Play to your strengths. That’s what winners do.
Just look at Leicester City’s remarkable English Premiership title run. Locked in a relegation battle with a few games left last season they changed approach. Instead of responding to opponents’ tactics they chose to play to their own strengths, outrunning the opposition and defending tightly – only turning to attack when the opportunity presented itself.
The result? Not only did Leicester avoid the drop, but fast forward a year and they’re on the brink of the most unlikely league triumph in soccer, if not sporting history. The story is so remarkable there are even rumors of a Hollywood movie in the works telling the tale of star striker Jamie Vardy’s rise from factory work to the England team.
Leicester City is an excellent example of an organisation harnessing its core competencies to achieve great success.
But what exactly are core competencies, how does a company identify them and why are they important to organisational success? These are questions we get asked a lot in our business.
Since core competence means many things to many people, it’s worth considering a common definition. Harvard Business Review defines core competence as ‘the collective learning in the organisation’ and ‘where a company’s competitiveness derives from.’
So, be like Leicester. Sounds simple enough, right?
The challenge for most businesses, however, is defining exactly what their core competency is. Every organisation will have an idea, of course. But focusing in on the specific attributes upon which your company is founded can help you unlock its full potential.
Unsurprisingly, there’s no “one size fits all” approach. And there will be an element of the trial and error for which Leicester head coach Claudio Ranieri is renowned. But there are some steps that can help you start out.Below are some basic guidelines that can help you gather and analyse the necessary data to hone in on the precise qualities that give your organisation its competitive edge.
Start at the source
The first place to start is your target market – clients and prospects. Anecdotal evidence is great when it comes to gauging client satisfaction, but a formal online survey can be a useful and efficient method for gathering invaluable insight relating to how your organisation is perceived by this core group.
A market perception audit can you tell you a lot about how your business is viewed externally – what you do well, what your competitors are doing differently and what areas need improvement.
And it makes sense. There’s a reason sports coaches listen to the fans. For one thing, there’s wisdom in crowds and you can learn new insights. But perhaps most importantly for businesses, it can tell you what your clients value the most!
Here are some key considerations for generating meaningful results from an online market survey:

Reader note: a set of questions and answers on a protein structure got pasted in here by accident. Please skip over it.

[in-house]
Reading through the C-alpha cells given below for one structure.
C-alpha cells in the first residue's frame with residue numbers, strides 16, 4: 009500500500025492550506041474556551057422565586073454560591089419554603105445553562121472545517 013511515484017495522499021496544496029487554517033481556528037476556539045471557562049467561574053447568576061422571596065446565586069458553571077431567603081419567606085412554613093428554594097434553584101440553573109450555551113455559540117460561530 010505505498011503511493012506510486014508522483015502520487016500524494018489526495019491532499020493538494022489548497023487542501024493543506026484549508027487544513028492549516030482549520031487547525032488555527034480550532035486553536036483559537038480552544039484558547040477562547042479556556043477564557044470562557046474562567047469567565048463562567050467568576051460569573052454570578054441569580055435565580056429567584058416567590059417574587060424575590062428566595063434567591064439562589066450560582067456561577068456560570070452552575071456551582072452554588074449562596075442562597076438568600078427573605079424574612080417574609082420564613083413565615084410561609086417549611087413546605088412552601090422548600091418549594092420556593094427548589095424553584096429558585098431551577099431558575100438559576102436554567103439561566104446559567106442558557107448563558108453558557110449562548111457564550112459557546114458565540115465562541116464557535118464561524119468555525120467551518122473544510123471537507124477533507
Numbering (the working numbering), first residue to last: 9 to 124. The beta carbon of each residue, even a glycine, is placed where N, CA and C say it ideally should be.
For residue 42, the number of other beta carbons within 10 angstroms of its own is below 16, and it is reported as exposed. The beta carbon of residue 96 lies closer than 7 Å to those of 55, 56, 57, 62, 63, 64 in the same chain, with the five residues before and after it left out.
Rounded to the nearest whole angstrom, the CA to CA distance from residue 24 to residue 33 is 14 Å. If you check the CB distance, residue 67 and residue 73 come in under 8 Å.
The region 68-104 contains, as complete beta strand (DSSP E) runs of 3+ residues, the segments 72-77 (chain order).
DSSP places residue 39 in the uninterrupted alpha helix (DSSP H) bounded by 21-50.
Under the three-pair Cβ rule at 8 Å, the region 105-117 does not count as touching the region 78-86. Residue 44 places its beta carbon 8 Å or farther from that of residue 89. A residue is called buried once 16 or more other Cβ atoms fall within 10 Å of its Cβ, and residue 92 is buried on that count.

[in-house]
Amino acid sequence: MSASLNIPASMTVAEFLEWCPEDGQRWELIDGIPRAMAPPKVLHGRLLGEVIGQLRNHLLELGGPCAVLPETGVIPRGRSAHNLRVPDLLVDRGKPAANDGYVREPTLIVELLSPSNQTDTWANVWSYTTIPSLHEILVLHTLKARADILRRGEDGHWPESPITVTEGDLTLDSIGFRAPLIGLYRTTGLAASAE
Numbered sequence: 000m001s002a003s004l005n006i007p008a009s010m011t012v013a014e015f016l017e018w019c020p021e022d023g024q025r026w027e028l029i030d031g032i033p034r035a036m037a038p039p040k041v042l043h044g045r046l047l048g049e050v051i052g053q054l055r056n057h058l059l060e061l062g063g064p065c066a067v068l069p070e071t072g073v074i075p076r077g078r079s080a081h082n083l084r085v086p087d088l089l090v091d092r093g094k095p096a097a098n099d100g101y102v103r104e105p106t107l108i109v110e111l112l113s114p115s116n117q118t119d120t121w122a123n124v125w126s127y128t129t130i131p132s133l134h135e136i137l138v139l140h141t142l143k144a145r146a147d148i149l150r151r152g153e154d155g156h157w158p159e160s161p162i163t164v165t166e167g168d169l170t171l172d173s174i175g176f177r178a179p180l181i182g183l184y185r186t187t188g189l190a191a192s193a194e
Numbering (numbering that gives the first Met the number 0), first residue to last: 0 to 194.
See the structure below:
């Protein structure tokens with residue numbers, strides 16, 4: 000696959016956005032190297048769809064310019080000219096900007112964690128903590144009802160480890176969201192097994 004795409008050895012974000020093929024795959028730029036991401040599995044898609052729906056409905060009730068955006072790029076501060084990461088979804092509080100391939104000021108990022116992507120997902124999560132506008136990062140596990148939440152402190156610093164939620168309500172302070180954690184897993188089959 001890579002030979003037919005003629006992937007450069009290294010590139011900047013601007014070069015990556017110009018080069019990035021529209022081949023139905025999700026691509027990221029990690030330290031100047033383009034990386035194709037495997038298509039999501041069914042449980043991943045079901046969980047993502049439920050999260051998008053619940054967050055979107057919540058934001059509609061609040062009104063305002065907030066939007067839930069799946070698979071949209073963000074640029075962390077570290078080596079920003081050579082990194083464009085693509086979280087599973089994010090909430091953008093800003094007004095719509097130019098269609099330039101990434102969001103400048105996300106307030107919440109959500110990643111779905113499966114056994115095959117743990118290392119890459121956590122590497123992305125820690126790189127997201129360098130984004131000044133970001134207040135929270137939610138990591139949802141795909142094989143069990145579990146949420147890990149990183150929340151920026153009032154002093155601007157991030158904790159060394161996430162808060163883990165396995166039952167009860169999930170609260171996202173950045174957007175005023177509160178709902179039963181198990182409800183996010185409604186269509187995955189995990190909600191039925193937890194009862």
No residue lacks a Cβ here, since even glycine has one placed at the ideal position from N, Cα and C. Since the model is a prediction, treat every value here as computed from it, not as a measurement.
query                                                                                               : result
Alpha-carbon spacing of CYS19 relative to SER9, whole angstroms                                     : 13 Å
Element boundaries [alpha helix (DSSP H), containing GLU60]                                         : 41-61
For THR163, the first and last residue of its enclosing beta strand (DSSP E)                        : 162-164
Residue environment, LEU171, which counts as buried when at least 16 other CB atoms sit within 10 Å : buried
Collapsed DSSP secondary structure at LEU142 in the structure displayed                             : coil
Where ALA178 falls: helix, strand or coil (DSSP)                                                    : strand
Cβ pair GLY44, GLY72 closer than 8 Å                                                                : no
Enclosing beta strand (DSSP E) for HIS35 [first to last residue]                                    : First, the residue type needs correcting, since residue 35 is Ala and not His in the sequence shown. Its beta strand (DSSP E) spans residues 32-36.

Online market surveys can unlock the secret to what your clients – both current and potential – really think, value and need. Once have you this information, you can take positive action.
Understand your employer brand
There is another important, but often overlooked, source of market intelligence available to every company. That source is potential candidates. Because candidates usually stay within their chosen industry, they have a wealth of knowledge about your sector and your competition. They can tell you how you compare to your peers in terms of benefits, culture, offerings, recruitment processes, working environment and more!
And this is no different in sports. Ball players joining Golden State know they’ll need to contribute to three-pointers. Join the Cavaliers and you’ll need to support Lebron. And players hooking up with Phil Jackson’s vintage Lakers team knew all about the triangle offense.
Partnering with companies like Airswift, which have access to an extensive talent network, can help you run analyses to map out candidate perception about your company vs. your competition.
Attract the best and brightest
In a services-based industry like oil and gas, people are arguably a business’ most important asset. Therefore, the ability to find, attract and retain talent should be high up – if not at the top of – your organization’s core competence agenda.
The historic skills shortage and ageing workforce in the oil and gas industry present similar challenges in terms of the recruitment and retention of both permanent and contract staff. The ability to get the right people at the right time, in the right place and for the right cost, can mean the difference between success and failure of a project.
Again, Leicester serves as a great case in point. Its first team was put together for under US$35 million. Which may sound a lot until you compare it to the likes of last season’s champions Chelsea, whose starting lineups regularly come in at almost US$280 million.
The key to Leicester’s success lay in ensuring that every recruit was the right fit. It’s a well-organised team and everyone has a clearly defined role – something a lot of teams, and indeed organisations, struggle with.
So start by reviewing your talent acquisition strategy. Do you rely on job postings? Do you have a referral programme? Do you use the expertise of a recruitment firm?
In the case of permanent recruitment, if you don’t have an internal referral program, you need one! You cannot put a price tag on a strong, internal referral. Specialist workforce solutions providers can work with you to put a program in place to compensate your employees if they refer a candidate that ends up getting hired.
Engaging a strategic recruitment partner can also help you acquire talent that you wouldn’t otherwise have access to. Recruitment firms spend years networking with the best talent in the market. Good recruiters will have also have relationships with passive candidates that wouldn’t necessarily respond to a job posting.
Next, take a hard look at your interview process. Is it overcomplicated and drawn out? If so, you’re going to lose out on talent! Even in a down market, the best talent is still in demand. The company that can move the quickest will secure the best candidates every time.